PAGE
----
Unlike in class actions, MDL plaintiffs get separate settlements. The final number depends on their injuries and circumstances.
No. The FDA approved it in 1996,3 and rheumatologists and urologists continue to prescribe it. (There is no over-the-counter version.)
So Elmiron remains available despite the FDA Adverse Event Reporting System (FAERS) logging 100 vision problem cases between 1997 and 2019. Eighty percent were serious. And 22 patients (at least) had maculopathy.4
Not yet. But plaintiffs’ attorneys are seeking large financial settlements.
No price can be placed on a person’s ability to see. Vision problems affect every aspect of a victim’s life. Ultimately, attorneys are fighting for enough financial compensation to pay for:
- All past and future medical bills (including mental health counseling),
- Lost wages, past and future, and
- Pain and suffering
Janssen Pharmaceuticals, a division of Johnson & Johnson. Elmiron was originally developed by Baker Norton Pharmaceuticals, Inc. The FDA approved Elmiron in 1996 for interstitial cystitis. Alza Corporation obtained the rights in 1997 to sell Elmiron in the U.S.
Elmiron is a brand name. Elmiron’s generic name is Pentosan polysulfate sodium (PPS). Considered an “orphan drug”, Elmiron is prescribed by doctors to treat:
- Interstitial cystitis (a bladder condition also called IC, painful bladder syndrome, or bladder pain syndrome); and
Patients take one 100 mg capsule three times a day.
IC is more common among older women with fair skin and red hair. IC causes the sensation of a urinary tract infection (UTI), and it is similar to overactive bladder syndrome. But IC actually changes the urothelium – the tissue layer around the bladder. IC can decrease the patient’s quality of life by affecting sleep, stress, and intimacy.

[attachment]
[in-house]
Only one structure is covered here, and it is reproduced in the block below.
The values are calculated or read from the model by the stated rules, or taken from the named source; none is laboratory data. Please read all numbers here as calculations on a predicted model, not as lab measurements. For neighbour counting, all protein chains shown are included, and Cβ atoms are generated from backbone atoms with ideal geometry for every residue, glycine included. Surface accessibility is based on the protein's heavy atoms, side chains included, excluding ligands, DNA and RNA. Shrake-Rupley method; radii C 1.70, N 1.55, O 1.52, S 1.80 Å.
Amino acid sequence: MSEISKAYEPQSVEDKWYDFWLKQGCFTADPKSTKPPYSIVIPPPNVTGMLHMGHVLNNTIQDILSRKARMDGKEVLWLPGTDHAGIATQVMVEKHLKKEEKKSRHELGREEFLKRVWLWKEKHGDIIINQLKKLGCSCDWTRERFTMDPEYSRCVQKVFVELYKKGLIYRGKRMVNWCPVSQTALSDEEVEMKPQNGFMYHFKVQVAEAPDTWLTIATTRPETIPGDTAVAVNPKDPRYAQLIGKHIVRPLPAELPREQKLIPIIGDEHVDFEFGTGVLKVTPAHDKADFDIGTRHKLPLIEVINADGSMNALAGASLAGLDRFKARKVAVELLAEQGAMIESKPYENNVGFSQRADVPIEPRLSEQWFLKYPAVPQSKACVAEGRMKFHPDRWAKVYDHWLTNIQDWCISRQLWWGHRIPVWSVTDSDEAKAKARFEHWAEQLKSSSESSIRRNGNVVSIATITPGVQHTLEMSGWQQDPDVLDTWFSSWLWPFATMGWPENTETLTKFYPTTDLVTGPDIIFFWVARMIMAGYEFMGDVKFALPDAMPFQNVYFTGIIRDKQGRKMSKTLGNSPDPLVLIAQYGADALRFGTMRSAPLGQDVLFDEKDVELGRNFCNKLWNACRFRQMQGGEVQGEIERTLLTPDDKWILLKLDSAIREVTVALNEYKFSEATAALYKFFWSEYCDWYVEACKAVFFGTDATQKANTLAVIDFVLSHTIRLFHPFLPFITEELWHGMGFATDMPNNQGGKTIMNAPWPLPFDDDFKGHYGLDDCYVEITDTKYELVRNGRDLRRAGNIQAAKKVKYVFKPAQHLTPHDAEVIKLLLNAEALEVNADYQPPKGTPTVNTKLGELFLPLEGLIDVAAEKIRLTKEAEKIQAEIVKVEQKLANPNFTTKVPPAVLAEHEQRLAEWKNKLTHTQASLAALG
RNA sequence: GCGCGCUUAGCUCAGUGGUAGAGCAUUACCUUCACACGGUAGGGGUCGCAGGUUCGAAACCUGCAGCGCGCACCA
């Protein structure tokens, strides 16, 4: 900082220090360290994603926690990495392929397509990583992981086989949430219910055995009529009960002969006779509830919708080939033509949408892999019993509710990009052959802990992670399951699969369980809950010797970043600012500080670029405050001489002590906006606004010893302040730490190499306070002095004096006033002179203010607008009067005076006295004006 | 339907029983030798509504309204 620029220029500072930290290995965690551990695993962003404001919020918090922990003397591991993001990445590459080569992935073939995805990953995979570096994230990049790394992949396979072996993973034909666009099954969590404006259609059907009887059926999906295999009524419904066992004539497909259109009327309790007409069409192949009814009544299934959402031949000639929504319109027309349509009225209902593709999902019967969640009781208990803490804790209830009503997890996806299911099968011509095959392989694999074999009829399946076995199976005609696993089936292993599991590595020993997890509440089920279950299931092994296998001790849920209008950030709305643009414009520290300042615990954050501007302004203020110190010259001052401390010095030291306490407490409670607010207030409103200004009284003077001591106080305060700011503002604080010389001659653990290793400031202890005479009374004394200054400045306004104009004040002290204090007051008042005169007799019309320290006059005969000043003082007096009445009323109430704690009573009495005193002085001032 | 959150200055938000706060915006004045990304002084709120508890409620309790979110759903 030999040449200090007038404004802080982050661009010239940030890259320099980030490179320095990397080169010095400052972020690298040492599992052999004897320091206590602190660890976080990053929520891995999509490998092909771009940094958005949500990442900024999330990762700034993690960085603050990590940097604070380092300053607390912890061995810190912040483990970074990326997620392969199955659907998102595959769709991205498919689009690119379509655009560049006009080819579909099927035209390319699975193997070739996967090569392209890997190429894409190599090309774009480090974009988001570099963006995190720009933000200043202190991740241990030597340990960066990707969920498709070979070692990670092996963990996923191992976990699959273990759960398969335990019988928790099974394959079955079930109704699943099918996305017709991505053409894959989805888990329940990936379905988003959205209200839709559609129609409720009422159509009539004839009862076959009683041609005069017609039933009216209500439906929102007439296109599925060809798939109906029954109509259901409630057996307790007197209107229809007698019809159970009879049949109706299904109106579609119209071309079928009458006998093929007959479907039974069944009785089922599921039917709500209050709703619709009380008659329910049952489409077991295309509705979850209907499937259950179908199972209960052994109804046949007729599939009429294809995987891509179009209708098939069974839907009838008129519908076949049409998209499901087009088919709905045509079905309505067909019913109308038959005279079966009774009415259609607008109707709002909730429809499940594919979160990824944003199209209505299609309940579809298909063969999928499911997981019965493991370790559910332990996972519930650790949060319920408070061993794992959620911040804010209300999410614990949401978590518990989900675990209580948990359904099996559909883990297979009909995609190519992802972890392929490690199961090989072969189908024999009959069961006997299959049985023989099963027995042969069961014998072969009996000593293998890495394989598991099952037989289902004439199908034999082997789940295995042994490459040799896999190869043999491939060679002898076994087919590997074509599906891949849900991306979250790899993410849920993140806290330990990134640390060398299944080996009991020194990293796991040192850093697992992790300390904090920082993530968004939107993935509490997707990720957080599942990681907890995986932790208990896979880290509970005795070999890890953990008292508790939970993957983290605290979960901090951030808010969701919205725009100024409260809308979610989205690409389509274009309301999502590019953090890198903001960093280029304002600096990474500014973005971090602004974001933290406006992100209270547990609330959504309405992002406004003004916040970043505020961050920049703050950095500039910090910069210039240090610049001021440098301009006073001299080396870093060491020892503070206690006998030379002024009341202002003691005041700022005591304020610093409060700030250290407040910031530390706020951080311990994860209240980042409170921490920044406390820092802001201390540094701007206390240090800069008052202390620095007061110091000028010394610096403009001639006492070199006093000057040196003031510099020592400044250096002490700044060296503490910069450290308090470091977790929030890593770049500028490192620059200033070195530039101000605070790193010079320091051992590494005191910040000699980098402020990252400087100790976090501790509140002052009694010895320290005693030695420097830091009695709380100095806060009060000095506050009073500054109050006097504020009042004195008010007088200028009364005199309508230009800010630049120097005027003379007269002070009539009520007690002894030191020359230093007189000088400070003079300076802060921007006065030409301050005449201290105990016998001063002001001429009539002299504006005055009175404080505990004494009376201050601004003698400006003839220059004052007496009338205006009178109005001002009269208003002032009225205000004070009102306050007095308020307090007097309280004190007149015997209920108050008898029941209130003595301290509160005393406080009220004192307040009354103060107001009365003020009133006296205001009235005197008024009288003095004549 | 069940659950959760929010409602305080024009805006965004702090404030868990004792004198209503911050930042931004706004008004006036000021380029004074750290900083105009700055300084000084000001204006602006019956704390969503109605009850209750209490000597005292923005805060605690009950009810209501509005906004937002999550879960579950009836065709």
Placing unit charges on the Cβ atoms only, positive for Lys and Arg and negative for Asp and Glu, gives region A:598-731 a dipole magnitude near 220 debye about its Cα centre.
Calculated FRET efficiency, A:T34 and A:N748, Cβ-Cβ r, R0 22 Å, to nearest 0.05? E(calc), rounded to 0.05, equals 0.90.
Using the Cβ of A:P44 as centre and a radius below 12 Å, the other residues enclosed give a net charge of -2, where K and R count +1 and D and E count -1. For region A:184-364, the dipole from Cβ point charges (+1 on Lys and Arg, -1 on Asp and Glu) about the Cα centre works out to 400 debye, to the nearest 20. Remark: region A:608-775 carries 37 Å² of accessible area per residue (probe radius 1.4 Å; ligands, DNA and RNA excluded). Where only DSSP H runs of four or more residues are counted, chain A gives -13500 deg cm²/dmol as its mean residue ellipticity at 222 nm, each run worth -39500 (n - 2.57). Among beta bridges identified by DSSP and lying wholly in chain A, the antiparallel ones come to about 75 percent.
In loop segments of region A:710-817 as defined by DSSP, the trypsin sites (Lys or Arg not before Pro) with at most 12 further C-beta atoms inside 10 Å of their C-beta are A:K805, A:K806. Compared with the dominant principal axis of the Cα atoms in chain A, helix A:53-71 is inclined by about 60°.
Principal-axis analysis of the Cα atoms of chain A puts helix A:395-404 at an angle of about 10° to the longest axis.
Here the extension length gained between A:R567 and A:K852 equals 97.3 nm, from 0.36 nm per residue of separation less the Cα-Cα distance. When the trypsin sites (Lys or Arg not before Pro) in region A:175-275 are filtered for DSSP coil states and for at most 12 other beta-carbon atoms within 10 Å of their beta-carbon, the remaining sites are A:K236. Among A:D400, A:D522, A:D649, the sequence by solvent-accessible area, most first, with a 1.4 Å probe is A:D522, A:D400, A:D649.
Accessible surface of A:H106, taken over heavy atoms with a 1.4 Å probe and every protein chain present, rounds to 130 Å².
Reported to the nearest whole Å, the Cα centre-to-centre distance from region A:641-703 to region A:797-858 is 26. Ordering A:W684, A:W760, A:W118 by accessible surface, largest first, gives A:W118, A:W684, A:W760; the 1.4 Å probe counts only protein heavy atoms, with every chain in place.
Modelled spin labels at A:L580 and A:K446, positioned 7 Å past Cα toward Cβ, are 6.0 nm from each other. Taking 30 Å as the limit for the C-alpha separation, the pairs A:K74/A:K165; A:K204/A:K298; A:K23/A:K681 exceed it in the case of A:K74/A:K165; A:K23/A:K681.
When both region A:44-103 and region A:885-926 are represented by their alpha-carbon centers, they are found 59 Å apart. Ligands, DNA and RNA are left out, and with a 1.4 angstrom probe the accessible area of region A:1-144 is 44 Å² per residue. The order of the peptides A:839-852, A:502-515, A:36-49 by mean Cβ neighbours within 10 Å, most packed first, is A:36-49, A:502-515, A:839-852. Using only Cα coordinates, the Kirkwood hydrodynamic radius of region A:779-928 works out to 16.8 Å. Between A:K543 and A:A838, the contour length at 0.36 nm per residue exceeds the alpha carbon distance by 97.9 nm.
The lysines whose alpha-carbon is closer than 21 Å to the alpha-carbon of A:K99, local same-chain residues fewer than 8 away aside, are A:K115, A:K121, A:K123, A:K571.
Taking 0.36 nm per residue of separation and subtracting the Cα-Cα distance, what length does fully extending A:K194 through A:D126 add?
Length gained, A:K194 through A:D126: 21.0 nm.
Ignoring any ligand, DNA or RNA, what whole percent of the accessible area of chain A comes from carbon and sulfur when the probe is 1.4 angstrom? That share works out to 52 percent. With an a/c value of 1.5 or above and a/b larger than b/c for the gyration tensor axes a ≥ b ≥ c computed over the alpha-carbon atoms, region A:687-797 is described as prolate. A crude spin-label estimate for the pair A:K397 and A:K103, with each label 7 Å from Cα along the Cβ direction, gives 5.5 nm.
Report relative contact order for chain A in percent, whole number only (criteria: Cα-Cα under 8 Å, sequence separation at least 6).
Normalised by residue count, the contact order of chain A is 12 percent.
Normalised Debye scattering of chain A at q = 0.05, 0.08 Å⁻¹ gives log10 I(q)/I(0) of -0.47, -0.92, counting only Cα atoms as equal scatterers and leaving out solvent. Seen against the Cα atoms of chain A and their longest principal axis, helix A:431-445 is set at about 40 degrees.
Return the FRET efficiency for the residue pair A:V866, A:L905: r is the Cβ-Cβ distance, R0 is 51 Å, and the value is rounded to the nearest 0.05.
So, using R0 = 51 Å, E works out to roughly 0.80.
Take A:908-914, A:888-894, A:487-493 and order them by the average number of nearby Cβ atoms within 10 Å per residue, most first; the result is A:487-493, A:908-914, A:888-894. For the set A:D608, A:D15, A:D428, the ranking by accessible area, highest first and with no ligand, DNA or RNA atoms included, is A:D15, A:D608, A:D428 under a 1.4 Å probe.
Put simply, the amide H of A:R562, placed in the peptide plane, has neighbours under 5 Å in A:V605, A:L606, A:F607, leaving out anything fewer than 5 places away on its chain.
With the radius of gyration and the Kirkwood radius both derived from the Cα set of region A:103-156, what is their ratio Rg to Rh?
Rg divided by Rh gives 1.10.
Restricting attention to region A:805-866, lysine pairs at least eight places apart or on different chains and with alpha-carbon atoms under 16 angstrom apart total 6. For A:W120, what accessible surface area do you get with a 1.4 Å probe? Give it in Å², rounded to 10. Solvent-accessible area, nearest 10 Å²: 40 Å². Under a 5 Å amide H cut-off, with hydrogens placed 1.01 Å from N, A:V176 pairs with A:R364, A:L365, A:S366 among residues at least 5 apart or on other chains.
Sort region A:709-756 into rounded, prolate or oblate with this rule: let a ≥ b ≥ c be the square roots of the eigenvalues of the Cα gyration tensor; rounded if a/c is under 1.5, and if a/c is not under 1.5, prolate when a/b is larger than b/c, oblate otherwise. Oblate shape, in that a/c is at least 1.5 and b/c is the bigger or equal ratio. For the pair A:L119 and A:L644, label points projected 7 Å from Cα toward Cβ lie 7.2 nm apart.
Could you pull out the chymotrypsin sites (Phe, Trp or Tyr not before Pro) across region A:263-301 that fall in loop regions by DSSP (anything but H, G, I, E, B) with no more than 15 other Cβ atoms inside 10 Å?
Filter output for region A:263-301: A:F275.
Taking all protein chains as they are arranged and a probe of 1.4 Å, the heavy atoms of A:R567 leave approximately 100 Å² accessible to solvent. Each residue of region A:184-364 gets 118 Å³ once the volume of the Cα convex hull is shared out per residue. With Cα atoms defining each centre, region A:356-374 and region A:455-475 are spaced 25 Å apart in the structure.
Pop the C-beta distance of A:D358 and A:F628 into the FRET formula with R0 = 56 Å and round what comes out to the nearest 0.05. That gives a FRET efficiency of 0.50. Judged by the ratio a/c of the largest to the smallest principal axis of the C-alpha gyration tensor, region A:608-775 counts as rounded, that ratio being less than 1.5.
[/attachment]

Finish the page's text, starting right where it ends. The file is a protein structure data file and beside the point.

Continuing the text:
The FDA rejected Elmiron two times before finally approving it for IC. There is little evidence proving that Elmiron is effective. Formerly, doctors used PPS as a blood thinner / anticoagulant.5
In addition to vision problems, victims can experience such Elmiron side effects as:
- Skin rashes and/or bruising,
- Hair loss (alopecia),
- Sleeping problems,
- Gaining weight,
- Liver problems,
- Bloody stools,
- Diarrhea, and/or
The product labeling does mention some eye diseases and eye problems observed in clinical trials, such as:
- Retinal hemorrhage,
- Pink eye (conjunctivitis)
- Optic neuritis,
- Amblyopia, and
Elmiron patients may wish to consult with their doctors and ophthalmologists. Perhaps doctors will suggest they get a vision test or possibly switch medications.
Litigation is very new. Check back for updates on current litigation and settlements. One recent case includes:
- Pelczar vs. Teva Branded Pharmaceutical Products R&D et al. United States District Court District Of Connecticut. Case 3:20-cv-00406. (March 26, 2020).
Other Elmiron victims who have recently brought lawsuits include Valerie Hull and Tina Pisco.
For the latest on the Elmiron MDL, go to the official Elmiron MDL website.
Did you or a loved one get maculopathy or other retinal damage from the use of Elmiron? Contact our dangerous drugs attorneys for a free case evaluation and case review.
Attorney advertising disclaimer: Results cannot be guaranteed.
- Joseph T Nezgoda, MD MBA, Nieraj Jain, MD, Pigmentary Maculopathy From Chronic Exposure, AAO (December 7, 2018); Elmiron use may also lead to atypical retinopathy.
- More Evidence Linking Common Bladder Medication to a Vision-threatening Eye Condition, AAO (October 12, 2019), Kaiser Permanente (140 patients consumed 5,000 doses over an average of 15 years; upon examination of 91, 22 developed pigmentary maculopathy.); Robin A. Vora, Amar P. Patel, Ronald Melles, Prevalence of Maculopathy Associated with Long-Term Pentosan Polysulfate Therapy, AAO (January 16, 2020). Other types of maculopathy include age-related macular degeneration, cellophane maculopathy (“macular pucker”), and Malattia Leventinese (“Doyne Honeycomb Retinal Dystrophy” or DHRD).
- Elmiron, FDA.
- See July – September 2019 | Potential Signals of Serious Risks/New Safety Information Identified by the FDA Adverse Event Reporting System (FAERS), FDA.
- Elmiron 100 mg, FDA.
- See same.